August 25, 2017

Greenways attract Nashville home buyers, developers

Victor Wilson looks forward to eventually riding his bike on a greenway from his home in the Nations on Nashville’s west side to events downtown or to a public transit stop on nearby Charlotte Pike without ever having to be on a street with cars and other vehicles.

“We could ride our bikes and go to (Nashville Sounds) ballgames in Germantown or Live on the Green” musical performances at the Metro Courthouse, he said.

“If we could get there on a greenway, I’d do it,” said Wilson.

As Nashville’s system of greenways grows, it will make the city more walkable and bikeable and become an alternative means of transportation connecting parks, neighborhoods and the transit system, said Mark Deutschmann, founder of Village Real Estate Services and Core Development Services. He also is chair of Urban Land Institute Nashville and board president of Greenways for Nashville.

Connecting corridors in Nashville

“I believe connecting corridors and connecting important neighborhood commercial districts like 12South and Melrose creates tremendous impact. People want to live in walkable neighborhoods and need opportunities to get to our transit system,” said Deutschmann.

“Walkability allows an opportunity for affordable living, since transportation is typically the number two expense of a household. As the chair of the Urban Land Institute Nashville District Council, we have identified transportation, healthy corridors and affordable living as our top priorities,” he said.

Homeowners want more greenways

Homeowners are increasingly attracted to neighborhoods near parks and greenways. Village Real Estate is marketing homes in a number of communities including East Greenway Park, a 62-unit cottage subdivision adjacent to Shelby Bottoms in East Nashville; Poston on the Park, a high-end 27 unit condominium at Centennial Park; and Alloy, a new condo development near the Fairgrounds and the soon-to-be-built Browns Creek Greenway.

The company is also marketing City Lights, a condo building on Rutledge Hill with access to the Rolling Mill Hill Greenway and the growing urban greenway system, Deutschmann said.

Mike Berry, whose family was the first to move into Ole South’s new Vista subdivision in Whites Creek, believes being near Beaman Park adds value to their new home. He and his wife, CaTyra, enjoy spending time with their young children in the 1,700-acre park. The city is expanding the nearby Whites Creek Greenway.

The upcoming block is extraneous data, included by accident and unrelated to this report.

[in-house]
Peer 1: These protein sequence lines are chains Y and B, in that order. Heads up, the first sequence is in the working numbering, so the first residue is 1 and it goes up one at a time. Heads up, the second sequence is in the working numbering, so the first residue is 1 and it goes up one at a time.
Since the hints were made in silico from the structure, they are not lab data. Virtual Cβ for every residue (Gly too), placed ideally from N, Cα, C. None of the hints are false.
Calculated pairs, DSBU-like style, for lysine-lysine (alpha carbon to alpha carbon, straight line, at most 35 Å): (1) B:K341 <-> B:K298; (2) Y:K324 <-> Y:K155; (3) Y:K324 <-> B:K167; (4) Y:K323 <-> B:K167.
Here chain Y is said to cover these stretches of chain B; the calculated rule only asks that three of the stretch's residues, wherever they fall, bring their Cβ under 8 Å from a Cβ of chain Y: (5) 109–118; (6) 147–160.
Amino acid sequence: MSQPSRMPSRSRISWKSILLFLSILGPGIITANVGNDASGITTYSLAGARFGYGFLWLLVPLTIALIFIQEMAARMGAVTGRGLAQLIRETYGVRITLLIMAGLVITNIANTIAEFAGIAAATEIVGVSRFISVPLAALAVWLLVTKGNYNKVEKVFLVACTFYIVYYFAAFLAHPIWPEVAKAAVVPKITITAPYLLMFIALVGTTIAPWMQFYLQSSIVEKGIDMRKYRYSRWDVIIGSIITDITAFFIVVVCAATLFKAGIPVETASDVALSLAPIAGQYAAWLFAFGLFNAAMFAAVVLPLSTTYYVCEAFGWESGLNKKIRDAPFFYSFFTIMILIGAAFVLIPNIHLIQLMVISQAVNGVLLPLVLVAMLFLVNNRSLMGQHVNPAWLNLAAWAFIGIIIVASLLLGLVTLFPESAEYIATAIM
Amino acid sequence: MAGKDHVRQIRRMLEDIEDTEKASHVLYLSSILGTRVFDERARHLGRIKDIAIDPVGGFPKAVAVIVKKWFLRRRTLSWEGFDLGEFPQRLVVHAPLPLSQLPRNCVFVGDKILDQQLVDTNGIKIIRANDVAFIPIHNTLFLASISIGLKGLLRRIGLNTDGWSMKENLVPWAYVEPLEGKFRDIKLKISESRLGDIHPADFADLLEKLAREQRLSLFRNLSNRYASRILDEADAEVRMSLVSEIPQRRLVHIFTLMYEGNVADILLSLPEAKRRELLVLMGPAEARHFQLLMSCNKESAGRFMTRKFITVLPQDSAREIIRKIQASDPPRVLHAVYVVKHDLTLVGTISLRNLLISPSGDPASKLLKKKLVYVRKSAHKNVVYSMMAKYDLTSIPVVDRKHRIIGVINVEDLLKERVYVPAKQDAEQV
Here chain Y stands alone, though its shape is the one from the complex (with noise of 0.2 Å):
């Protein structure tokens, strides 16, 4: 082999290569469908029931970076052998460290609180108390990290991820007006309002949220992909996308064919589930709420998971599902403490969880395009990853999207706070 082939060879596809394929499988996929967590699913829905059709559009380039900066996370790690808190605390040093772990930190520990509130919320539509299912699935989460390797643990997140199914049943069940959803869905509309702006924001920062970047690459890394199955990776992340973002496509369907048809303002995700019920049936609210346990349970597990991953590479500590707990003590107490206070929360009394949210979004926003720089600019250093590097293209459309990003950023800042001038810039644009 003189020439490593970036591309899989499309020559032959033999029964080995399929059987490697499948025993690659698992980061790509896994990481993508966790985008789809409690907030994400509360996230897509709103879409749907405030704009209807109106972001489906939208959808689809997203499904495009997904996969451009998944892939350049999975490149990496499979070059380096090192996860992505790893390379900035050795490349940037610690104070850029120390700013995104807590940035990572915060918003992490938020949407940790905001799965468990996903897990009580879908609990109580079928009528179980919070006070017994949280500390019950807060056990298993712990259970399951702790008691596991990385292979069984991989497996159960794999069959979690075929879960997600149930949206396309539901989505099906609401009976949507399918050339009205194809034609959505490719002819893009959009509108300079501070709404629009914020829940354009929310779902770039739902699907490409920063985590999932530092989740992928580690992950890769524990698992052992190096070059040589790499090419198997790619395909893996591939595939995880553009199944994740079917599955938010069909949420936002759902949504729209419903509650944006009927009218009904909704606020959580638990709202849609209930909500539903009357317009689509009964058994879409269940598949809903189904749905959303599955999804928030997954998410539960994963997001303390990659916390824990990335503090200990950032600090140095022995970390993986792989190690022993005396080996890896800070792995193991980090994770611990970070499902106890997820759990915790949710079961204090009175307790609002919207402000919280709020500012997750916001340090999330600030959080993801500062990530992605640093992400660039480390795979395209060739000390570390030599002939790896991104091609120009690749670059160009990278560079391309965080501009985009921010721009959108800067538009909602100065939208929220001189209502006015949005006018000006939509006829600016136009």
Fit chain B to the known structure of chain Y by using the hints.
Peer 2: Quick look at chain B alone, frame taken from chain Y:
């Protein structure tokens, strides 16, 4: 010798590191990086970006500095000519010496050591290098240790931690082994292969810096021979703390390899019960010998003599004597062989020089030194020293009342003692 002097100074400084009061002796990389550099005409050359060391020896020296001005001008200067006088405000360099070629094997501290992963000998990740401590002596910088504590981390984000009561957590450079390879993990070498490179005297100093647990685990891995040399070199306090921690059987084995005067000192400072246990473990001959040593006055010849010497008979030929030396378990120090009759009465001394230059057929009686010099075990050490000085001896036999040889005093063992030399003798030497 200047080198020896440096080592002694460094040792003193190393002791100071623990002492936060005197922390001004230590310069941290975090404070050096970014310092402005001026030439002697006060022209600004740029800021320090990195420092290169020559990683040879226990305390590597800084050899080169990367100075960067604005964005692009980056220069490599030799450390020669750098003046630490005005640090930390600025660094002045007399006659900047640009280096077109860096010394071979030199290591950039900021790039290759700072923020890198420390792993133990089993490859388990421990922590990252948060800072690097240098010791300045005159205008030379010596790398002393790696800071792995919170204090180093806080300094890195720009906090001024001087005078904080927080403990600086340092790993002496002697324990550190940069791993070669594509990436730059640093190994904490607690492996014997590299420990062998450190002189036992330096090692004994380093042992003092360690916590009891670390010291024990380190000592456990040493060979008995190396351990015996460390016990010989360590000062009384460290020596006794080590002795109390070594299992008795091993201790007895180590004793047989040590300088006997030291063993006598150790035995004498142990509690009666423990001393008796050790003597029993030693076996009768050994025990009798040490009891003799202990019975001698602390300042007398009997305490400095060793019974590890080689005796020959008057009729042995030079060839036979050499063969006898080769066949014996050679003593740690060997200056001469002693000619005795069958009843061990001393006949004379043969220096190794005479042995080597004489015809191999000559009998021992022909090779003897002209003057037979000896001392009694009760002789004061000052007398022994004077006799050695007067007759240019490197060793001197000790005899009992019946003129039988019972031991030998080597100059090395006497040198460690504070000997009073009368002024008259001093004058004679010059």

“We like to walk the trails. And to have greenways so close to Whites Creek is definitely a great selling point,” he said.

Employers, developers hopeful

Major employers with offices in the new Capitol View mixed-use development downtown have expectations that growing numbers of workers will commute on their bicycles.

HCA, which has 430,000 square feet of office space, and HealthStream, which has 67,000 square feet of space in Capitol View, both included bicycled racks in their buildings, said Jeff Haynes managing partner of Boyle Nashville.

Boyle is developing the 35 acre mixed-use community just north of the Gulch on Charlotte Avenue. Capitol View includes offices, retail, restaurants and hundreds of residences.

Boyle provided land for the extension of a nearby greenway and for development of a 2½-acre urban park. The company gave the city one acre and sold another acre and a half at a bargain price, said Haynes.

“We see the opportunity to create a place-making district that’s different from just a collection of buildings,” he said.

MiKen Development, which is developing homes in the Nations and nearby Charlotte Park, is donating land to increase accessibility to greenways.

“That’s the luxury of it. Once the connection is made, just walk out your front door and walk to a restaurant without ever touching a sidewalk. You’ll be strolling along a creek,” said Michael Kenner, the company’s founder.

MiKen is developing Treaty Oaks, a 62-cottage neighborhood in the Nations, and The Rows @ the Annex, a development of townhomes, single-family homes and condo flats along James Avenue nearby.

On the greenway, “you can get from point A to B without interacting with crazy drivers,” said Kenner.

Originally Published in The Tennessean

By Bill Lewis